Third, I have tried to avoid scholarly apparatus. I transliterate Greek, avoid technical textual matters, and keep documentation at a minimum. In order for the book to be useful for students and seminarians, I provide suggestions for further reading, and Appendix 2 is an annotated bibliography of works I have found to be of special interest to those preaching and teaching Mark. My "suggestions for further reading" are not always the most recent publications. My criteria for selection was usefulness to the preacher and teacher, not what has been published most recently.
Fourth, my remarks on the text move toward application. My methodological assumption is that, of all the Jesus material available to him, Mark preserved this material for a reason. Mark recorded these selections of the tradition he received because they spoke to his community, the church for which he wrote the Gospel. Thus behind my commentary on any given pericope are these questions: Why did Mark preserve this story? Why was it important for his community? My sense is that the answers to these questions should direct the course for contemporary preaching. Although it is not a particularly avant-garde position, I understand the Gospel of Mark to be a historical document (not, one should note, history). The intent of its author and his circumstances set limits on how the text should be interpreted in our own day. Mark's intent in preserving a story circumscribes to some extent its appropriate interpretation.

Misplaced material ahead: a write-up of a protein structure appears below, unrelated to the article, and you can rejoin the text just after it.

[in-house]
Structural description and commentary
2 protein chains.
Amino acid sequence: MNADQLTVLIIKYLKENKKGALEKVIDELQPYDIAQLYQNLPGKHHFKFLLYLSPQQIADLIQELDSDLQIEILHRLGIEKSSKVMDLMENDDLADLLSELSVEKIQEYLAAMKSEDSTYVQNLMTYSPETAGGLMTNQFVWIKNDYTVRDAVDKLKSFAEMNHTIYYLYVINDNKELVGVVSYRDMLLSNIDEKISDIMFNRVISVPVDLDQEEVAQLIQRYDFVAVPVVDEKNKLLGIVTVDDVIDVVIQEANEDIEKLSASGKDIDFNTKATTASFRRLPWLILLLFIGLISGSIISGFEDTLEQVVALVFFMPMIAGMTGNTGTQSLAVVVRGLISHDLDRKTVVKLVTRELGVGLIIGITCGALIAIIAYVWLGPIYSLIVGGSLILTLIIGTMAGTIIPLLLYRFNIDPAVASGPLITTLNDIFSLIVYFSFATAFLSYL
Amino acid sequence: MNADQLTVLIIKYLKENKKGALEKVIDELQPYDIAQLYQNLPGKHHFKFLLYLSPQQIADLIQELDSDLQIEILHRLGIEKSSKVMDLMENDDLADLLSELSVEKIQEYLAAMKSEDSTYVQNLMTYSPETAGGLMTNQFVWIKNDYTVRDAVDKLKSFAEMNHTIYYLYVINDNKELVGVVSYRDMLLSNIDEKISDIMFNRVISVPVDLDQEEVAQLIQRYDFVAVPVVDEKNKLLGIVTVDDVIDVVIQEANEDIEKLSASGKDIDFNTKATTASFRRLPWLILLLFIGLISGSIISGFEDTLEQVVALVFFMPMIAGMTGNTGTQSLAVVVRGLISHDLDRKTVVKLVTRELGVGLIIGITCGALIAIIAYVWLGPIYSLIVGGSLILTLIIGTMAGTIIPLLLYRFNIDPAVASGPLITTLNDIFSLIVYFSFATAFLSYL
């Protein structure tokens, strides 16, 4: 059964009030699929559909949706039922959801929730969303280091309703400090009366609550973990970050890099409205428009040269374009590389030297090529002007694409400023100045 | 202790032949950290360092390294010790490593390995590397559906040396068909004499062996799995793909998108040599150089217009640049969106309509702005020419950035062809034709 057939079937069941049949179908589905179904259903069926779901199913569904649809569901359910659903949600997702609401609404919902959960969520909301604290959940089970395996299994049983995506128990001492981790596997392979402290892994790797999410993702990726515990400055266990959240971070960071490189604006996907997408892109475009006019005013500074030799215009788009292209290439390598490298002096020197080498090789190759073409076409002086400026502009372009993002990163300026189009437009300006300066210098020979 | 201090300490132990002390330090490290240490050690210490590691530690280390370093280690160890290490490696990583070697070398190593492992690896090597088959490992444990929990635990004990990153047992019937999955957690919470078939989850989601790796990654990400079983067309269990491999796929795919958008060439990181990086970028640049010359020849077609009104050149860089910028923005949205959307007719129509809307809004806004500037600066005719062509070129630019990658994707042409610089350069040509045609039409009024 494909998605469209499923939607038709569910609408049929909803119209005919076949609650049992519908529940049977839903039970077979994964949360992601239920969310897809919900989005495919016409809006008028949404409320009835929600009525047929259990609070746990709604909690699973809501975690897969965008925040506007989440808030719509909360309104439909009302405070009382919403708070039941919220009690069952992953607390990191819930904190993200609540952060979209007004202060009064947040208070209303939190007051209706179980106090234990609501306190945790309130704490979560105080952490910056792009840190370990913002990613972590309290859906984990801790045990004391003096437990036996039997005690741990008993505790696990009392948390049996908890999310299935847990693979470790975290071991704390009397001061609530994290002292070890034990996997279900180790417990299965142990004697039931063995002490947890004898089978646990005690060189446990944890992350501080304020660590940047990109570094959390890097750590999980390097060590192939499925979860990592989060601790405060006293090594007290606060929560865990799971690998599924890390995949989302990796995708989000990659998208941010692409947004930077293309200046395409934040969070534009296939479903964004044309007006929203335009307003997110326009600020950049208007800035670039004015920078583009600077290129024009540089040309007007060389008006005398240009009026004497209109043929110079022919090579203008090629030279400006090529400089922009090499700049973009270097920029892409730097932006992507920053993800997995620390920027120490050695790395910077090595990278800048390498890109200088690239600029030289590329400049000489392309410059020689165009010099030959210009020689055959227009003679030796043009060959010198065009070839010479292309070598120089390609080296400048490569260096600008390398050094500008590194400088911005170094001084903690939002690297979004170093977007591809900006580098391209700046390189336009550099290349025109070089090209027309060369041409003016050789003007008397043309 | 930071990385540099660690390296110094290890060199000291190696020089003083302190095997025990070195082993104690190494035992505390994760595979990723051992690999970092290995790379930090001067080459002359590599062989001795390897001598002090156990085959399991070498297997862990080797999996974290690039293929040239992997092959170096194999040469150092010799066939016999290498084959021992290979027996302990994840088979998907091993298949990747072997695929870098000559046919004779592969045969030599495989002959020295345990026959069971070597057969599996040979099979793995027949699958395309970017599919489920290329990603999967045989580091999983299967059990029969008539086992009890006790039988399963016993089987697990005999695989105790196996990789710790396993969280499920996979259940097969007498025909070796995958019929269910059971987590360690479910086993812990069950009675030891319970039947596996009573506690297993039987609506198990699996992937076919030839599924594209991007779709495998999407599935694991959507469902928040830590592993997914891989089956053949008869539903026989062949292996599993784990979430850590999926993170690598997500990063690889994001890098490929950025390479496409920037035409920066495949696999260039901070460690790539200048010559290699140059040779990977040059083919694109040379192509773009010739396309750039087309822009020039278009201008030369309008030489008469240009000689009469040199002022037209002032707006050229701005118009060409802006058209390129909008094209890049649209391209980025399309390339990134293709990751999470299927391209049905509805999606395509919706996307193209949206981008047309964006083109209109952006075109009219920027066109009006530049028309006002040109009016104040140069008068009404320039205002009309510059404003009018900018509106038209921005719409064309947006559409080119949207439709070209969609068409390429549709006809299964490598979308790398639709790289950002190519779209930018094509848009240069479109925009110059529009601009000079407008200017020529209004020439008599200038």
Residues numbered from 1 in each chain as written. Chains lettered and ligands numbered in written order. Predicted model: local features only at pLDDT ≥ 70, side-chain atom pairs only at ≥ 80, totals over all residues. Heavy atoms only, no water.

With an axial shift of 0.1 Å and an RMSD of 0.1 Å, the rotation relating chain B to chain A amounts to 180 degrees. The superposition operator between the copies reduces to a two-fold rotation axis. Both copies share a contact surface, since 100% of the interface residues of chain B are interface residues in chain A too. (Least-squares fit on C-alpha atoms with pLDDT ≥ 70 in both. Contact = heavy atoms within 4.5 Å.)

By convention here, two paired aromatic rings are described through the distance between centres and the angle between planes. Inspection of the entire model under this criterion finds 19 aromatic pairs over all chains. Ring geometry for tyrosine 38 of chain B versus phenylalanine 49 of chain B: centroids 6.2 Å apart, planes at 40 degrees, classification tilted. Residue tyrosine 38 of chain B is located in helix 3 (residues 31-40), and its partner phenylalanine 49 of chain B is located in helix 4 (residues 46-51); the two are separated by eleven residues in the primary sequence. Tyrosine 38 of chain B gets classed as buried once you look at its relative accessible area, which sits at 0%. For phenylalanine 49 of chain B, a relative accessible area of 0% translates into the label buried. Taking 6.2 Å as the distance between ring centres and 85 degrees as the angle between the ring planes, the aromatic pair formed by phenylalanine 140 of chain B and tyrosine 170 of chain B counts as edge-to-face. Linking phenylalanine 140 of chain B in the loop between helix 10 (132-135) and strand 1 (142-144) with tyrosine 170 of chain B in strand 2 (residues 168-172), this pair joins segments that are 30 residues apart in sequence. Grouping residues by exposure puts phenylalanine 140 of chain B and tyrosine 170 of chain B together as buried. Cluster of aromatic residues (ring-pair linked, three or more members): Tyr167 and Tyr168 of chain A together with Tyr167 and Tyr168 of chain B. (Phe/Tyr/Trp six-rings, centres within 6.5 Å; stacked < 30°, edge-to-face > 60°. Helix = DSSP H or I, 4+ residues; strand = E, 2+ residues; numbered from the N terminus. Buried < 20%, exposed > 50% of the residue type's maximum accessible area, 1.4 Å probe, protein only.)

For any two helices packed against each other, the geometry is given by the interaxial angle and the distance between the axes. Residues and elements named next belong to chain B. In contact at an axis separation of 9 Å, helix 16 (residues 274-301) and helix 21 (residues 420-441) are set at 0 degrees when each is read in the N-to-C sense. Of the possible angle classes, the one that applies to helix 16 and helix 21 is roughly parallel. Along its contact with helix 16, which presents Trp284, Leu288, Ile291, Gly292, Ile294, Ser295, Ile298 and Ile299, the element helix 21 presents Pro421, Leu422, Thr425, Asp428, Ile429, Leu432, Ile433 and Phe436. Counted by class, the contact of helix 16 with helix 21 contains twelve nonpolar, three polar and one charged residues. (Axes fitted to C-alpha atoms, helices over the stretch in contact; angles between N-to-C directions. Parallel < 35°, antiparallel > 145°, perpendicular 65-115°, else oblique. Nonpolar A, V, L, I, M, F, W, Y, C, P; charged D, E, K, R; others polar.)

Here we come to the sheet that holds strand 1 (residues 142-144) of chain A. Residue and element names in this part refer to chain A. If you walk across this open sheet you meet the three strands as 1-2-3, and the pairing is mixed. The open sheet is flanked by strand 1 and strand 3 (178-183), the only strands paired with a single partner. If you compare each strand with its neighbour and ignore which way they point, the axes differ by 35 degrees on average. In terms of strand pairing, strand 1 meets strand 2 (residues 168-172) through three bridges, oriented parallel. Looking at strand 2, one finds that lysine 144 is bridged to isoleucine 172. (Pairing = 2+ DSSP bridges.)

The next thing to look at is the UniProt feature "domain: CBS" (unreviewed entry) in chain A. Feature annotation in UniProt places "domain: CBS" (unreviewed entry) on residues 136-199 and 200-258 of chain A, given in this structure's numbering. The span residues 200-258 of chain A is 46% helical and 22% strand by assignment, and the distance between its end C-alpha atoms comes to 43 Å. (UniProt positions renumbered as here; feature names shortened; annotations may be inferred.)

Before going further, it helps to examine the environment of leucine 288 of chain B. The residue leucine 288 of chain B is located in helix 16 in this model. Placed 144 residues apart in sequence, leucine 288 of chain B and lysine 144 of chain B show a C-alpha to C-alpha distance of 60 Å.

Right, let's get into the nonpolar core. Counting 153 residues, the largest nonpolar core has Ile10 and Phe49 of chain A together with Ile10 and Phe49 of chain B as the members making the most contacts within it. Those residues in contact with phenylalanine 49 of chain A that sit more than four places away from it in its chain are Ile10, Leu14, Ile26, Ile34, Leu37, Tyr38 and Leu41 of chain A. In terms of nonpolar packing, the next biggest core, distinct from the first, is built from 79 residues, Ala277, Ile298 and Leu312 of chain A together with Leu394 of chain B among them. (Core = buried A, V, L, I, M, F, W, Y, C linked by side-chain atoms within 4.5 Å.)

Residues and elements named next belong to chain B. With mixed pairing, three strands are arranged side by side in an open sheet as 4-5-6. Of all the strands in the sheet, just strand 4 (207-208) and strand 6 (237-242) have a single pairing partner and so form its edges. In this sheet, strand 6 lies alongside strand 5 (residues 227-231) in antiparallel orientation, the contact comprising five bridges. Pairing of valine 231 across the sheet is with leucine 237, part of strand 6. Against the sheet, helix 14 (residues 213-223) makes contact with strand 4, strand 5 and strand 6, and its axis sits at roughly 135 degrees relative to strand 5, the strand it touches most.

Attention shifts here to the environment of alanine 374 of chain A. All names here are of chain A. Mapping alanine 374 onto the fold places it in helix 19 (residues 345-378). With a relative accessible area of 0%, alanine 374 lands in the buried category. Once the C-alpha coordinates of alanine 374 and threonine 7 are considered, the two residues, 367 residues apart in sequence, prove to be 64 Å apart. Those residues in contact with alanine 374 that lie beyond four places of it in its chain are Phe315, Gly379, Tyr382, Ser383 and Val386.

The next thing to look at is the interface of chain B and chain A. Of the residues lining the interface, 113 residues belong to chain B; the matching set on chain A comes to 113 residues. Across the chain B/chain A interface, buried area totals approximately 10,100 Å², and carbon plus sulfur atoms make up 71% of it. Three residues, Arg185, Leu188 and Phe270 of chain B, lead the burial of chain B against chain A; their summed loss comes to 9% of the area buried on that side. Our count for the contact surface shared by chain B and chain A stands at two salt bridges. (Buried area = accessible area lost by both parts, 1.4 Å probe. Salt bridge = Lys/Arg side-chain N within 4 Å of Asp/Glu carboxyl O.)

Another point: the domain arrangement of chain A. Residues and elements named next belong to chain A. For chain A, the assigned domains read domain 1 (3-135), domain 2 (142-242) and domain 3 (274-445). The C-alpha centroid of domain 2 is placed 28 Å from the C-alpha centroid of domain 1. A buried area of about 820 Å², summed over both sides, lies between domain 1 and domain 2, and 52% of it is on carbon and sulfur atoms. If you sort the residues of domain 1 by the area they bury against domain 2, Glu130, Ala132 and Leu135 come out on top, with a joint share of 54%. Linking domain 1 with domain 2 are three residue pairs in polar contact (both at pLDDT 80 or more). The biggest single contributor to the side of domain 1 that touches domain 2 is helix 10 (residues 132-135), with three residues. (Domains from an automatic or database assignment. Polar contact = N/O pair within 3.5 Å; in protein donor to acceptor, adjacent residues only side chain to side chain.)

Finally, in this book I am not proposing an overarching theory about Mark's Gospel. Nor do I write to take issue with the scholars and commentators who do develop synthetic readings of Mark. My aim is far more modest: it is to provide preachers and teachers of Mark's Gospel with information to help them appropriately interpret and proclaim it. ...
Excerpt from Chapter 1
The Prologue: Introduction
Most commentators note that, although it is not poetic like the Gospel of John, Mark's Gospel is similar to John's in that it also has a prologue. The length of Mark's prologue is debated. Three possibilities are suggested. First, some scholars suggest 1:1-8 is the prologue, making it essentially the title and the ministry of John the Baptist. Others think that 1:1-13, the ministry of the Baptist and the temptation of Jesus are the prologue. The third possibility is that the prologue includes vv. 1-15.